Character Archetypes in Television (Part III)

(Continuing from yesterday…)

Sexual Player

This archetype also comes in two varieties, the Chaser and the Quarry. He can be male or female and it’s not big thing to figure out which one he is. At his best, he pursues romance and at his worst, sexual conquest.

Sexual Players almost always come in matched pairs, a Chaser matched with a Quarry, although the Quarry may be the Chaser in a second Sexual Player duet.


This sub-archetype, as implied by the label, does the chasing and is perhaps the most variable of all the archetypes. At one extreme, he’s a belt-notching masher who never considers consequences and earns audience contempt. At the other extreme, he’s a Wallflower barely capable of working up the nerve needed to join the game.

In early seasons of The Big Bang Theory, Howard Wolowitz is an example of the first extreme, a masher. He’d love to do some belt-notching, but no woman wants him… until Bernadette comes along.

Then there’s Herb Tarlek from WKRP. He’s not as ridiculous as Howard because he’s married which actually lends him some credibility in the love arena. But what makes him a Chaser is that he’d cheat on his wife at the drop of a hat if ever Jennifer would say ‘yes.’

In Castle, Rick is a more sympathetic Chaser. Kate Beckett is his disinterested Quarry… although she admits to Laney that this is an act. And since other women see him as a good catch, we know he’s worth considering. This makes Rick Castle the Chaser-Quarry mentioned above.

The last variation—and he can alternate between sympathetic and pathetic—is the Wallflower. He’s the Chaser afraid of chasing, admiring from afar until he finally works up the nerve to make an approach. The most successful one on primetime today is Leonard Hofstadter.


This archetype is the antipode of the Chaser. He or she is the pursued, not the pursuer.

In WKRP, Herb’s Quarry is Jennifer Marlow. In The Big Bang Theory, Penny is Leonard’s Quarry and in Castle, when Rick isn’t involved with someone else, he wants Kate Beckett. Kate, when she’s not dating, wants Rick. This may be the most complex portrayal of Chaser-Quarry in television history.


Here we have the Privileged and the Go-getter sub-archetypes. The Privileged already has everything and the Go-getter wants it. Either one can become the brunt of jokes and often does because sensible people aren’t materialistic… right? But despite that, we envy the haves and hope along with the have-nots who want.

WKRP’s Arthur Carlson is the owner of the station and comes from a wealthy family. He’s Privileged. Herb Tarlek is a Go-getter who can’t win. The number of sales he makes during the entire run of the show can be counted on one hand. And there’s Venus Flytrap half-way up the Materialist ladder with his Italian suits, scarves and tight leather pants.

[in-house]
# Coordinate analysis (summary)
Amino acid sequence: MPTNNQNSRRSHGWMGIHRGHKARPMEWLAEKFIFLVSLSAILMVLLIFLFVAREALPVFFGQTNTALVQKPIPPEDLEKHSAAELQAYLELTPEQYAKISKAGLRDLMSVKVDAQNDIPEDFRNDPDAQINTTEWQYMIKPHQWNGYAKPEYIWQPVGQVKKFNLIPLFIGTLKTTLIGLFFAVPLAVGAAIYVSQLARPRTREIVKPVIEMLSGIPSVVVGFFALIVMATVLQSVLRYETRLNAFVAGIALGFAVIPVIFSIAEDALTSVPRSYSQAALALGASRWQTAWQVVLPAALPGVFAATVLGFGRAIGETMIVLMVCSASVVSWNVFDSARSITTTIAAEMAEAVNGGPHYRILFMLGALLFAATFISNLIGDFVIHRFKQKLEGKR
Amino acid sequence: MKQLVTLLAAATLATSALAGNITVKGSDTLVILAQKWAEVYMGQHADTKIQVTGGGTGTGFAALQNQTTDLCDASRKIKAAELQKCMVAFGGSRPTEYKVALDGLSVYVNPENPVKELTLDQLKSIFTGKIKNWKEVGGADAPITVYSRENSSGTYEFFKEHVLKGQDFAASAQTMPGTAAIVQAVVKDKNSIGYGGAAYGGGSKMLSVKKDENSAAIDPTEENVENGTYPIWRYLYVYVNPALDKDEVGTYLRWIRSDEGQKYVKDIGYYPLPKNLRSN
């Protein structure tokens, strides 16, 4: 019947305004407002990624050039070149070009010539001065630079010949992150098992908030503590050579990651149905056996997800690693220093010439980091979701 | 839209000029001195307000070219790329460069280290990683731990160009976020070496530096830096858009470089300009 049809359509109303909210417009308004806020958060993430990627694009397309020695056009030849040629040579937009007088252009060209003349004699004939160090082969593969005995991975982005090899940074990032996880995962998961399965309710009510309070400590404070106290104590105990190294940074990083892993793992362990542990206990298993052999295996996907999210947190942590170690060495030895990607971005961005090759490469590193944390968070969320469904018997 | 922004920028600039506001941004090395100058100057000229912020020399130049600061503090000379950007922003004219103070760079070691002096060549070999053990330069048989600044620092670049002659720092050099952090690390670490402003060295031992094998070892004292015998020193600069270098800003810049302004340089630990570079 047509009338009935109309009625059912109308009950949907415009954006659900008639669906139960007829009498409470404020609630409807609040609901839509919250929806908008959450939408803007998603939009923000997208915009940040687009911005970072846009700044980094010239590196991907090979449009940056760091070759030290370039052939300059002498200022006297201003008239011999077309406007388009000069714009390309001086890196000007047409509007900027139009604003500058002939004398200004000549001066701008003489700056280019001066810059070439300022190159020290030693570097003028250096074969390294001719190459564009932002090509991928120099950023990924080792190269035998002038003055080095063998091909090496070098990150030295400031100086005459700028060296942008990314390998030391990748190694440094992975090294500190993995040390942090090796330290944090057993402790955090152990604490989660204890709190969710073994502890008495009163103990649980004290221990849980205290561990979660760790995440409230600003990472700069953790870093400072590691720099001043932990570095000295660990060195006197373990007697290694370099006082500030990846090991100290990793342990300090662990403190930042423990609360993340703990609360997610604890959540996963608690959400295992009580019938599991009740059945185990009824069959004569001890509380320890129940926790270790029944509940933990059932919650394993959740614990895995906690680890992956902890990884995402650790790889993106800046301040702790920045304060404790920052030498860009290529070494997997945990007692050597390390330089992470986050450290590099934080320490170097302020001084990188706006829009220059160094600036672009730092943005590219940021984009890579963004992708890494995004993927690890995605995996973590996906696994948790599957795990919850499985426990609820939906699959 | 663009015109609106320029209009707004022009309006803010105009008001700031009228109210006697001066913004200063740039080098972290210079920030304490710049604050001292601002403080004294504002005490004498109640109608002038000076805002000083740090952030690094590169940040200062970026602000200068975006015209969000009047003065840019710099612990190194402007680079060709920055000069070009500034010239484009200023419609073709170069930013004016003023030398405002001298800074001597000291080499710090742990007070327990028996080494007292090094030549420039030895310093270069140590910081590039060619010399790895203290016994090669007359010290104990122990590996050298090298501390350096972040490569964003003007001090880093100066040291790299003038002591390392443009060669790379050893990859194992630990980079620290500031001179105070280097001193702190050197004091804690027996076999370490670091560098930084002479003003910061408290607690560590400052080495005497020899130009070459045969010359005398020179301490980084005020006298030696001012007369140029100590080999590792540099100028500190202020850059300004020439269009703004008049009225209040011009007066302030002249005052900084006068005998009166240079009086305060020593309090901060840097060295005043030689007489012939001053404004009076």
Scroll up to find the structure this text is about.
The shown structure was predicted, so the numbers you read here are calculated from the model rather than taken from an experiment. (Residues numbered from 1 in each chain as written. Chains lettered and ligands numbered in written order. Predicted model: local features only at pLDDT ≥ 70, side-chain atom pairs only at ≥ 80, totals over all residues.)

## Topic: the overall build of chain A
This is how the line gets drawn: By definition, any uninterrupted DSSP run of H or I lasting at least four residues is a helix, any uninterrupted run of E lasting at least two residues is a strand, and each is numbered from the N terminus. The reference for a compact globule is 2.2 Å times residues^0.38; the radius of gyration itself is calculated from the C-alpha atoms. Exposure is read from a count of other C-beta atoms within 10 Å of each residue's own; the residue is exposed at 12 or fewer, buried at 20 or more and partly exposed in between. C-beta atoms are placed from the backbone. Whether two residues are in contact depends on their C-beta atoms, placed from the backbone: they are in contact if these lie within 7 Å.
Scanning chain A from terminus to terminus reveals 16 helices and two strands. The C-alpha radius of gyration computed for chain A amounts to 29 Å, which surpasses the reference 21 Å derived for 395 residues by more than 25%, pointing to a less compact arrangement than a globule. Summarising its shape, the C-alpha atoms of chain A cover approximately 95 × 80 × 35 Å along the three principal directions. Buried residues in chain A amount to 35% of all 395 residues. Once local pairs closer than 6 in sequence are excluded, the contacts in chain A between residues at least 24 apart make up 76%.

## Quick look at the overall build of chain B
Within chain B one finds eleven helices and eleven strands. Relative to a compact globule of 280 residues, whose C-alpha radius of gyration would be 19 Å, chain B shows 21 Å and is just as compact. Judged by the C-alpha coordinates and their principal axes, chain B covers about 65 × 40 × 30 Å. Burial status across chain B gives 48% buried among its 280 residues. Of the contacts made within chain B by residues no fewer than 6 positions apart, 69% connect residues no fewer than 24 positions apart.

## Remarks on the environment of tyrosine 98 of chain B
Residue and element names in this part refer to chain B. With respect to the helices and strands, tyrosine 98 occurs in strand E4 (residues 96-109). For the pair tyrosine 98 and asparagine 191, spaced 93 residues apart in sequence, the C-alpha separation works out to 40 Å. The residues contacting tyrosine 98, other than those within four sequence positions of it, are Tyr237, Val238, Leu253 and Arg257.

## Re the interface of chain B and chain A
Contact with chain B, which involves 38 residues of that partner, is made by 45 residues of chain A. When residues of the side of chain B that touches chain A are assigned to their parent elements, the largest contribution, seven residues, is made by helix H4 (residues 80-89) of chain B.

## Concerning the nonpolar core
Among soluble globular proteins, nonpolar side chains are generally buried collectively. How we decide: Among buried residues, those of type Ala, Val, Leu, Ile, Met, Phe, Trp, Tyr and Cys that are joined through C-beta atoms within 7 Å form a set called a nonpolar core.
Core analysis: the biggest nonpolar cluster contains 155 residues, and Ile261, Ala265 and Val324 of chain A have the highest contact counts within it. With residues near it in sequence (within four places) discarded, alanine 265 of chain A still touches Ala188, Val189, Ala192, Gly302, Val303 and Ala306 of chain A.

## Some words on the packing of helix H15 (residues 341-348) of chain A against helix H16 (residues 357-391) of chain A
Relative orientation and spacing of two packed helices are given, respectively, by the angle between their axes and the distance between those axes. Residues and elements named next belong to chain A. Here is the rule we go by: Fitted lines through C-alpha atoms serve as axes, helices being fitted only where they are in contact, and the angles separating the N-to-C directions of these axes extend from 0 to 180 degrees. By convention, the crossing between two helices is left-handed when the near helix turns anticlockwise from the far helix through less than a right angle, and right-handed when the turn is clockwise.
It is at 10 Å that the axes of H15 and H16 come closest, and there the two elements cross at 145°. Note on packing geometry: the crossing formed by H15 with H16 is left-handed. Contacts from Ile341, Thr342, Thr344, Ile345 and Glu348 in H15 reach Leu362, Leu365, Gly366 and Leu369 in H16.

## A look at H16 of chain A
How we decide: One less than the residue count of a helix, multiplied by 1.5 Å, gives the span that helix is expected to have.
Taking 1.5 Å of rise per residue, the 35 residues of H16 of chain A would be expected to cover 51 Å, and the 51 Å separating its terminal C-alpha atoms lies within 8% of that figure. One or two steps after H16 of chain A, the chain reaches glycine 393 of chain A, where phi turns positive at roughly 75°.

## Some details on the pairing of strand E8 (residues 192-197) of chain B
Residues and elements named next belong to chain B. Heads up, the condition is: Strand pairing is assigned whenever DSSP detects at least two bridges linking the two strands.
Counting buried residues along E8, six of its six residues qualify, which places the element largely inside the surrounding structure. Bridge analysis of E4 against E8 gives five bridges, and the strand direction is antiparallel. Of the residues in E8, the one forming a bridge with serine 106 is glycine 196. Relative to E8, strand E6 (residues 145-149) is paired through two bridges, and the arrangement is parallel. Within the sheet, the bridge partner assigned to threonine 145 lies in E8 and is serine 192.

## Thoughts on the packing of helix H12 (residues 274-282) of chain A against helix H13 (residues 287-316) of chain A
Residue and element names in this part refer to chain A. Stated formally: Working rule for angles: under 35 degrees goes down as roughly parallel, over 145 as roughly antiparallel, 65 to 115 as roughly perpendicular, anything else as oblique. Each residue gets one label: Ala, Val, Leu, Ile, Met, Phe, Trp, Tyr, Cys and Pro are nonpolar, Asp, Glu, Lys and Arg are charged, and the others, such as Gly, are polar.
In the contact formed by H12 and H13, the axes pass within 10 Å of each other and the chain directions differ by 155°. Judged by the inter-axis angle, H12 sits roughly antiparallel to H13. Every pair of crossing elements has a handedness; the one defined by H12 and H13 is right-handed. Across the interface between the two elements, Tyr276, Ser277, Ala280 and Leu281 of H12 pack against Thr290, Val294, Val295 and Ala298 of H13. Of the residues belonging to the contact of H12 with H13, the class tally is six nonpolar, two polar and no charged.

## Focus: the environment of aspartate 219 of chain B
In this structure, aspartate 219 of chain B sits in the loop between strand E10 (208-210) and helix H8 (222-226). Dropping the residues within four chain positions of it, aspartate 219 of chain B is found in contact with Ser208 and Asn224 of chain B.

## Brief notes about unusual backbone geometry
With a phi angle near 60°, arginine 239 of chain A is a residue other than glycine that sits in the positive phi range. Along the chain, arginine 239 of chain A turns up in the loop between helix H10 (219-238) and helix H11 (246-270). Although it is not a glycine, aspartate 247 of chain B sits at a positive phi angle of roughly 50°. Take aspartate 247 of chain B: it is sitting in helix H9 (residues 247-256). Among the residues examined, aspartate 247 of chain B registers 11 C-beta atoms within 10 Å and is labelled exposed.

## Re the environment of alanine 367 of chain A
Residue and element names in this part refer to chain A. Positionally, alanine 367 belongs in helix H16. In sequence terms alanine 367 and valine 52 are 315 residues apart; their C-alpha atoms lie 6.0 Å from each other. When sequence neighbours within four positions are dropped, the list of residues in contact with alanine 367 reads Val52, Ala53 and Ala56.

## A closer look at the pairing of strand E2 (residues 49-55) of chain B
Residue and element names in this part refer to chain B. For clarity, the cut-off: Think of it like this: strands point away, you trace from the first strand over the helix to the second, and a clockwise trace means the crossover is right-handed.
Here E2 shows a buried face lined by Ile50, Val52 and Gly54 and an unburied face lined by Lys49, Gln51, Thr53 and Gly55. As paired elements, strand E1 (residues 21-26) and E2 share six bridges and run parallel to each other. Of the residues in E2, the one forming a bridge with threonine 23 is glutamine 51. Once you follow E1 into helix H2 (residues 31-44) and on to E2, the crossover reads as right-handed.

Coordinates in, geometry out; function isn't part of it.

Raj is the Privileged one in The Big Bang Theory while Sheldon fills the role of Go-getter. He wants recognition for his intellect but rarely gets it.

Rick Castle is the Privileged in Castle and his mother, Martha Rogers, is the Go-getter with her constant pursuit of money-making ideas that don’t pan out.

Stacking from Greek to Geek

As I said in the first segment of this series, these archetypes are combined to accommodate small casts. But though it took until the 1980s for them to be embraced in the industry, they have a history far older.

As far as Western culture knows, character archetypes originated in Greek theater more than 2,000 years ago. And there, too, they were stacked. For instance, Titus Maximus Plautus combined Innocent and Fool and referred to him as The Idiot, someone who can be counted on to do or say the wrong thing no matter how well he’s coached.

But too much archetype stacking can work against a show. If each archetypal role were a stone, pile on too many and the character will be weighed down. He’ll become a confusing mishmash of traits. Not only that, but scorecards may have to be handed out to the audience.

Sheldon Cooper is probably the most overworked of all characters in television today, from an archetype point of view. He’s an Innocent-Go-getter-Outsider (Enigma)-Jerk-Researcher, a prime example of archetype stacking that stops just short of going too far.


So those are the character archetypes found in every TV show from drama to comedy. Here’s the list all in one place:

  • Viewpoint,
  • Jerk,
  • Informer,
    1. Researcher,
    2. Fool,
    3. Sage,
  • Outsider,
    1. Cool One,
    2. Enigma,
  • Ultimate Mediator,
  • Innocent,
  • Sexual Player,
    1. Chaser (with the Wallflower variant),
    2. Quarry,
  • Materialist,
    1. Privileged, and
    2. Go-getter.

They can be found in most successful television shows, but seem to crop up more in comedy than drama. They give a show mass appeal and remind us that television, like life, doesn’t have to be a big fat downer.

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